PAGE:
Ports O’ Call Marina finally set for demolition

Plans for San Pedro Marketplace inch closer to reality with removal of 92 slips.

SAN PEDRO — Boating season officially came to an end in one corner of San Pedro this summer as the Port of Los Angeles’ Harbor Commission voted to move forward with the demolition of slips at the dilapidated Ports O’ Call Marina on Aug. 18.

The demolition of 92 slips will ultimately make way for the construction of Ports O’ Call Promenade and Town Square, which would serve as the home of the highly touted San Pedro Marketplace.

Demolishing the marina would cost about $500,000 while $150,000 is budgeted to tear down an existing building adjacent to the boat slips. The Los Angeles Harbor Department would pay for the entire demolition, which is expected to begin in November and be completed by March 2017.

“The floating docks … in the existing marina are in a state of disrepair,” port staff stated in a report to commissioners.

Assuming there are no appeals in the near future plans to demolish the slips, which have been vacated, the project would move forward as scheduled.

The city of Los Angeles did not assert jurisdiction over the matter within five council meeting days (as required by law), meaning the Harbor Commission’s decision is upheld.

However the Harbor Commission’s decision could still be appealed to the California Coastal Commission.

A handful of boaters who remained at the marina up until a few weeks ago have been accommodated for at other marinas in San Pedro or Wilmington, according to Mike Dibernardo of the port’s Marketing and Customer Relations Department.

Dibernardo said there are still 626 vacant slips in the port, meaning other marinas in the area would be able to accommodate recreational boats even after Ports O’ Call Marina is demolished.

He added the Port of Los Angeles is currently home to 3,721 boat slips (not including Ports O’ Call Marina). The 626 available slips means the port has a 17 percent vacancy rate; marinas outside the Port of Los Angeles collectively had a 3 percent vacancy rate (380 vacant out of 13,648 slips) as of July 2015, according to a staff report.

The Coastal Act and port policy require recreational boating venues to be protected and not suffer from a loss of slips unless “demand for those facilities no longer exists or adequate substitute space has been provided.”

Most of the slips (55 out of 92) were occupied when the port assumed operational control of the marina on March 1. By Aug. 1 almost all of the slips were vacated; 51 of the 55 occupied slips were vacated and there were plenty of slips available in the Port of Los Angeles to accommodate the four remaining boaters, according to port staff.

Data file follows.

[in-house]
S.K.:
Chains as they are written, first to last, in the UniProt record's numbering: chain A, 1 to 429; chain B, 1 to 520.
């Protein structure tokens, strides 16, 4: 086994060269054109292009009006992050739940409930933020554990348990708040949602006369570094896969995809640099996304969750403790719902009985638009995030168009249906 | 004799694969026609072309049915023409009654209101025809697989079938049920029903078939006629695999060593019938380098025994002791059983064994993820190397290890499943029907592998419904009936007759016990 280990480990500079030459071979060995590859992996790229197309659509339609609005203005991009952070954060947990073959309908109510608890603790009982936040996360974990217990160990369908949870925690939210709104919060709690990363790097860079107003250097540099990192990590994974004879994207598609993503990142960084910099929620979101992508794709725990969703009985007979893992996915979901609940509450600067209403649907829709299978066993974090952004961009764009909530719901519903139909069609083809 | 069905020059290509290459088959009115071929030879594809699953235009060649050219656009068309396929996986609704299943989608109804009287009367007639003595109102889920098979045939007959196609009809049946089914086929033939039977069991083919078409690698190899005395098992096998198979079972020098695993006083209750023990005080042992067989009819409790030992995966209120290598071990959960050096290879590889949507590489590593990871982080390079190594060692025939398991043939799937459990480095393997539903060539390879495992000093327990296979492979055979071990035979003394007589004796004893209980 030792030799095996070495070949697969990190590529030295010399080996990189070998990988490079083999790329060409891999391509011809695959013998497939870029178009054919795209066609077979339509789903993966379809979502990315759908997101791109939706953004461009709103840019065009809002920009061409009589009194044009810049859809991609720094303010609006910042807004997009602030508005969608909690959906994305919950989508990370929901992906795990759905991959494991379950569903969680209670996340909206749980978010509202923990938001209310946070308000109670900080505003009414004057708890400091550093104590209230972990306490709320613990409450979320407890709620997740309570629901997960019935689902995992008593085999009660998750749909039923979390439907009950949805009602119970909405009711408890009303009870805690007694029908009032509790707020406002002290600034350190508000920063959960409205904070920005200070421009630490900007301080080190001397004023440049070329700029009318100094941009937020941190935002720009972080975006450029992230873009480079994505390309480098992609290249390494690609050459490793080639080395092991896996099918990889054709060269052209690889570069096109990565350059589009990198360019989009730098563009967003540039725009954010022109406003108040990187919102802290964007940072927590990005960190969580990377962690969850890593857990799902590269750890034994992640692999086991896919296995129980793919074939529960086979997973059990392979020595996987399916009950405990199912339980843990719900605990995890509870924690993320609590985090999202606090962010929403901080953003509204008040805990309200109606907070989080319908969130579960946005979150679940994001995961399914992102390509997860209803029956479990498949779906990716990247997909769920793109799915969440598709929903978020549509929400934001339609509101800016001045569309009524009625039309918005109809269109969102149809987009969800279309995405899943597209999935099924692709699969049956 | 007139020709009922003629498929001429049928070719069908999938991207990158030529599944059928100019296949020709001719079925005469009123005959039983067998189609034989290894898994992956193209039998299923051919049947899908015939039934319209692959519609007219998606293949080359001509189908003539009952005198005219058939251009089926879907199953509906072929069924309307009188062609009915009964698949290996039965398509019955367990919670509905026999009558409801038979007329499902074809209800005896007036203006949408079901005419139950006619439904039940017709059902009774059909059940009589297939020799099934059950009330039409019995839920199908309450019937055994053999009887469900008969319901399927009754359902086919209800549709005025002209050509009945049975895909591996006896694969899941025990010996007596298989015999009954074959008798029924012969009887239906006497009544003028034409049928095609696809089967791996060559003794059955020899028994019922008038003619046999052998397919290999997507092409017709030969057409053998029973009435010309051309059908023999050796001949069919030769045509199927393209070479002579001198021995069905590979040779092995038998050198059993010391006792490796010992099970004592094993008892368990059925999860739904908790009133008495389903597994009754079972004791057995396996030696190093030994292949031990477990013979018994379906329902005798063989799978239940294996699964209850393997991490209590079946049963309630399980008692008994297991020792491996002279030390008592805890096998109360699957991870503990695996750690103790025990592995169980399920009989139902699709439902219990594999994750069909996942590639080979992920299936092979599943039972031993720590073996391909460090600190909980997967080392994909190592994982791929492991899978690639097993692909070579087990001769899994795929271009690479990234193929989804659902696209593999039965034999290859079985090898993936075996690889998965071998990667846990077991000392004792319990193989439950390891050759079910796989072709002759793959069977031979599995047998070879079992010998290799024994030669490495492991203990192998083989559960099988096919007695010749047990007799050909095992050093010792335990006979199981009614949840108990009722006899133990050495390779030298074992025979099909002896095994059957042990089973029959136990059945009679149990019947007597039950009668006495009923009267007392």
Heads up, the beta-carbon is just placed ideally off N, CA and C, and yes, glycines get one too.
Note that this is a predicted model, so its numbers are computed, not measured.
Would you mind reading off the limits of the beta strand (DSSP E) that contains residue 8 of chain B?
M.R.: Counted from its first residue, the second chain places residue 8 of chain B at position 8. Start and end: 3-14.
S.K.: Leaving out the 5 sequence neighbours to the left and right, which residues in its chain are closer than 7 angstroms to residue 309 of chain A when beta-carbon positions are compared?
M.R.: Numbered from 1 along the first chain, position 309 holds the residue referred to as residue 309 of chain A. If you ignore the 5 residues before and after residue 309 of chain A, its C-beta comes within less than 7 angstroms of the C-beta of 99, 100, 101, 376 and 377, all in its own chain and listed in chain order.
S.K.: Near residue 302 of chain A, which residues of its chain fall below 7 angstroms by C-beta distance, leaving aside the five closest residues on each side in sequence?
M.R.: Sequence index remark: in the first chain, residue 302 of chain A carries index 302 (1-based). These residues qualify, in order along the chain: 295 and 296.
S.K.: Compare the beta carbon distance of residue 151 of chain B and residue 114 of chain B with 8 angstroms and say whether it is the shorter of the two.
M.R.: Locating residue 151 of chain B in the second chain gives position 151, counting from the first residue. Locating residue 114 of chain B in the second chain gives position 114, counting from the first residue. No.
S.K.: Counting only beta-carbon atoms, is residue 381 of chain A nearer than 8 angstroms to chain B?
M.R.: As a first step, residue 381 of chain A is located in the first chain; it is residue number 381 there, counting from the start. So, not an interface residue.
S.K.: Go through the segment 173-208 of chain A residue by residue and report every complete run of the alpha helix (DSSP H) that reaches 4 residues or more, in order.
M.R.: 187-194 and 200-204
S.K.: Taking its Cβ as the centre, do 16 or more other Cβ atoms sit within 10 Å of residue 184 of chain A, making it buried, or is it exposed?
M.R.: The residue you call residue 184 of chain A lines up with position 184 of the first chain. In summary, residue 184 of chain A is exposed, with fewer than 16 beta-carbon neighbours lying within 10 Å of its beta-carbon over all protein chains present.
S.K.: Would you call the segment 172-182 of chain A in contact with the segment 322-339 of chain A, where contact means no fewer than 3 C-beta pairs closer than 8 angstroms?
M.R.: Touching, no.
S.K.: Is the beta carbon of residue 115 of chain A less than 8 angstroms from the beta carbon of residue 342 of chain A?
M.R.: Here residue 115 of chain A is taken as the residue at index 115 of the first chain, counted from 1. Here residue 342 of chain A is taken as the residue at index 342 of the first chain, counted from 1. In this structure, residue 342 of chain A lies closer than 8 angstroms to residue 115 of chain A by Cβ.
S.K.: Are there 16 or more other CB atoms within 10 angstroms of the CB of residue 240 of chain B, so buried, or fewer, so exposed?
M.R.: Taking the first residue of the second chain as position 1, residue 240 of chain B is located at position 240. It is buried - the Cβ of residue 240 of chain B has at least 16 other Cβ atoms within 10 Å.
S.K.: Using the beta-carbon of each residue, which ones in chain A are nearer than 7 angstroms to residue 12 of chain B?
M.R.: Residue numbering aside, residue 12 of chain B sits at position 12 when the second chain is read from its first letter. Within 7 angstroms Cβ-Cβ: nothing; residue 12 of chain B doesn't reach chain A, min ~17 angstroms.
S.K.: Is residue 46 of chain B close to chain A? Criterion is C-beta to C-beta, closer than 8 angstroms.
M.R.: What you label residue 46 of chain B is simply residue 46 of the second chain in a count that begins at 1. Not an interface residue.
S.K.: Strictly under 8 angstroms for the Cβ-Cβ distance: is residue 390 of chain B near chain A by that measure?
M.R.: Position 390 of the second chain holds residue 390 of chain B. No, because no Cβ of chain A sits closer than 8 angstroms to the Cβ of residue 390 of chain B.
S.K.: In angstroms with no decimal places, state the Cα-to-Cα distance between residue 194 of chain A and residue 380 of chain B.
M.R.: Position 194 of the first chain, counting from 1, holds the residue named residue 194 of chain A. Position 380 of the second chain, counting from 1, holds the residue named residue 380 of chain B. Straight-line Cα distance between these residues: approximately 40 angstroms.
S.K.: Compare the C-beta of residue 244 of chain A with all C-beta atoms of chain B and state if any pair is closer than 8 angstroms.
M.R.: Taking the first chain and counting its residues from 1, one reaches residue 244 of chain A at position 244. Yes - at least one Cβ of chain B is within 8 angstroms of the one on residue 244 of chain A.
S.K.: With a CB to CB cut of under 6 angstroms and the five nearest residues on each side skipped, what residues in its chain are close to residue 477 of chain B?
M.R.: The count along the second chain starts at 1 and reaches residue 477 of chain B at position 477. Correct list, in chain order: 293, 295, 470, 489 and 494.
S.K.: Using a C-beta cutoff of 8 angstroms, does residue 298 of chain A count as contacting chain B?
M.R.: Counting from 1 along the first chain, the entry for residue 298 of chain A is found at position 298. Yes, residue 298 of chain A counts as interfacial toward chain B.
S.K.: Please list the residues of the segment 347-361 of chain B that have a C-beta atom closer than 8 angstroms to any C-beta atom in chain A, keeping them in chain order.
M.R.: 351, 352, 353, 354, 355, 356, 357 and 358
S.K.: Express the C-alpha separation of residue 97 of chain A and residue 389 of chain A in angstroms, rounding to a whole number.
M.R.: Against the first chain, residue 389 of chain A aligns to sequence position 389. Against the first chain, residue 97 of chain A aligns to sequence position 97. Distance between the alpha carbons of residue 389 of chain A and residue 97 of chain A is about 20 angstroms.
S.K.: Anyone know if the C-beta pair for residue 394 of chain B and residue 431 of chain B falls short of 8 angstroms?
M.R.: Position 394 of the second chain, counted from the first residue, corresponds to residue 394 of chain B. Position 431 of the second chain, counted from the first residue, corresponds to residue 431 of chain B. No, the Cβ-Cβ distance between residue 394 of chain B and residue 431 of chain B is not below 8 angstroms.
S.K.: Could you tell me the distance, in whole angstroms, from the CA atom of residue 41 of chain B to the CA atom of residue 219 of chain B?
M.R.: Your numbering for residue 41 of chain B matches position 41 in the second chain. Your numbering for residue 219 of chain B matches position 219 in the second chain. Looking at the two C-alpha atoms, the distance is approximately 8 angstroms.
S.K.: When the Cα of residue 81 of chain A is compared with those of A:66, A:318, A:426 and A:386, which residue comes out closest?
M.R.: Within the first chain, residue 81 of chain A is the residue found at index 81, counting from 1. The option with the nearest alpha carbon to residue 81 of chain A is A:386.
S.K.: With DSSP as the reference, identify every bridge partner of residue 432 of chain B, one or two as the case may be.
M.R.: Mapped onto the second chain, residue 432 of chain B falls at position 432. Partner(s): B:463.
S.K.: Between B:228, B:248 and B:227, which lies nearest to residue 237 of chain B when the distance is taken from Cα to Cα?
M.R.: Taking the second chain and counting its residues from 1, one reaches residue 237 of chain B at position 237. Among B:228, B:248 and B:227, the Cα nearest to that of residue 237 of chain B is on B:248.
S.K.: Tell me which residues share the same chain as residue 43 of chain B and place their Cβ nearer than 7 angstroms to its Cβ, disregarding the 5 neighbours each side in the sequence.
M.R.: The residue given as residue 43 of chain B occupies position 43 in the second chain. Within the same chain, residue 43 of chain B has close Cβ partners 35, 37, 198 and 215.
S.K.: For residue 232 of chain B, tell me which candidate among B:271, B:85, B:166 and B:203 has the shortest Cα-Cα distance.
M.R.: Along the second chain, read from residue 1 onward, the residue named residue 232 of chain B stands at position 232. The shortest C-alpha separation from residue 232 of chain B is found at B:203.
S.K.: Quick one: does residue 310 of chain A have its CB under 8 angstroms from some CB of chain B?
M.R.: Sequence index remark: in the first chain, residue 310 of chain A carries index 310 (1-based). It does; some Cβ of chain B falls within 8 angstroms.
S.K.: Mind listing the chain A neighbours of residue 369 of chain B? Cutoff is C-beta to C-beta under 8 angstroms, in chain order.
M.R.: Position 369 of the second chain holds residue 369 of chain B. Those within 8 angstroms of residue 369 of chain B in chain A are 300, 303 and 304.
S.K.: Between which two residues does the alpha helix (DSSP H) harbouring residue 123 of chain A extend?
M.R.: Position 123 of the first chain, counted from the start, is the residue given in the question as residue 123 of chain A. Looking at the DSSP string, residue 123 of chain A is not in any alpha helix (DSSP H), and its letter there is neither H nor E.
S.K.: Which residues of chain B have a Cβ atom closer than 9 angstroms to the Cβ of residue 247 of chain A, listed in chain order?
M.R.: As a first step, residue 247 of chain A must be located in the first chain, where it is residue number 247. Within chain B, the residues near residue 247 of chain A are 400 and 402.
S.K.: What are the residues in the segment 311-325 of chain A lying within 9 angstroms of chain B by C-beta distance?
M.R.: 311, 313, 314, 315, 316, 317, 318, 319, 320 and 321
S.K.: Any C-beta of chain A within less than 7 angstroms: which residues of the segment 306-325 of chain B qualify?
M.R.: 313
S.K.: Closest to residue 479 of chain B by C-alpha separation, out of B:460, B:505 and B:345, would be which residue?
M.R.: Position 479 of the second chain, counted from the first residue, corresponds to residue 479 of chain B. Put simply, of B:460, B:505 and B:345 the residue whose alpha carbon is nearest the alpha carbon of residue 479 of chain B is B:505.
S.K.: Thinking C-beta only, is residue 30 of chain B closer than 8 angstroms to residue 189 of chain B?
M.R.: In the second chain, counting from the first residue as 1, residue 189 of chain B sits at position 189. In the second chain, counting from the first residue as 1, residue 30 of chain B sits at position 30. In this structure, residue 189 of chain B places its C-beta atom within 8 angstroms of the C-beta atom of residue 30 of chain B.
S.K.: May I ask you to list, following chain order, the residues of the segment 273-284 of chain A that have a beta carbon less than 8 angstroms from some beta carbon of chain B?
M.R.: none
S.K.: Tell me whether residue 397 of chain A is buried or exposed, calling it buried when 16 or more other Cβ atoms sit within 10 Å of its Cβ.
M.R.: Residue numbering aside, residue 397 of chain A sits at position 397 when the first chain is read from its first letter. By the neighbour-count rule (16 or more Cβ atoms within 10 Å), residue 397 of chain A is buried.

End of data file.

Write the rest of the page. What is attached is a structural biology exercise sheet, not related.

Commissioners voted in January to end the leasehold between the city of Los Angeles and the marina’s operator, Ports O’ Call Corp. Dozens of boaters remained in their slips despite the leasehold termination and a decision to shut down the marina.

During the next three months many boaters, which at least one harbor commissioner identified as economically displaced, remained at the marina in hopes the city and port district would allow them to remain there or be properly accommodated elsewhere in San Pedro.

However the boaters were given notices to vacate and the city of Los Angeles was prepared to file unlawful detainer (eviction) proceedings against any boaters who were still in a Ports O’ Call Marina slip this summer.

At around the same time the Harbor Commission approved a 50-year lease agreement to allow for the redevelopment of the San Pedro Waterfront, which included a complete renovation of the area where Ports O’ Call Marina currently sits.

If all goes as planned the new Ports O’ Call Promenade and Town Square would be open to the public in 2020.

San Pedro Public Market would be the first phase of a complete overhaul of the $150 million Harbor District Revitalization Plan. Los Angeles’ leaders and city officials hope the harbor area will become a high-traffic, visitor-serving area similar to Santa Monica’s Third Street Promenade and Pier District.

The marina, which had slips ranging from 37 to 74 feet, came into existence in the 1960s and became a part of the Ports O’ Call Corp. leasehold in 1976. The lease ended on Dec. 31, 2014 but Ports O’ Call Corp. continued operating the marina and adjacent land area on a month-to-month basis until January. City officials assumed operational control of the marina a few weeks later.

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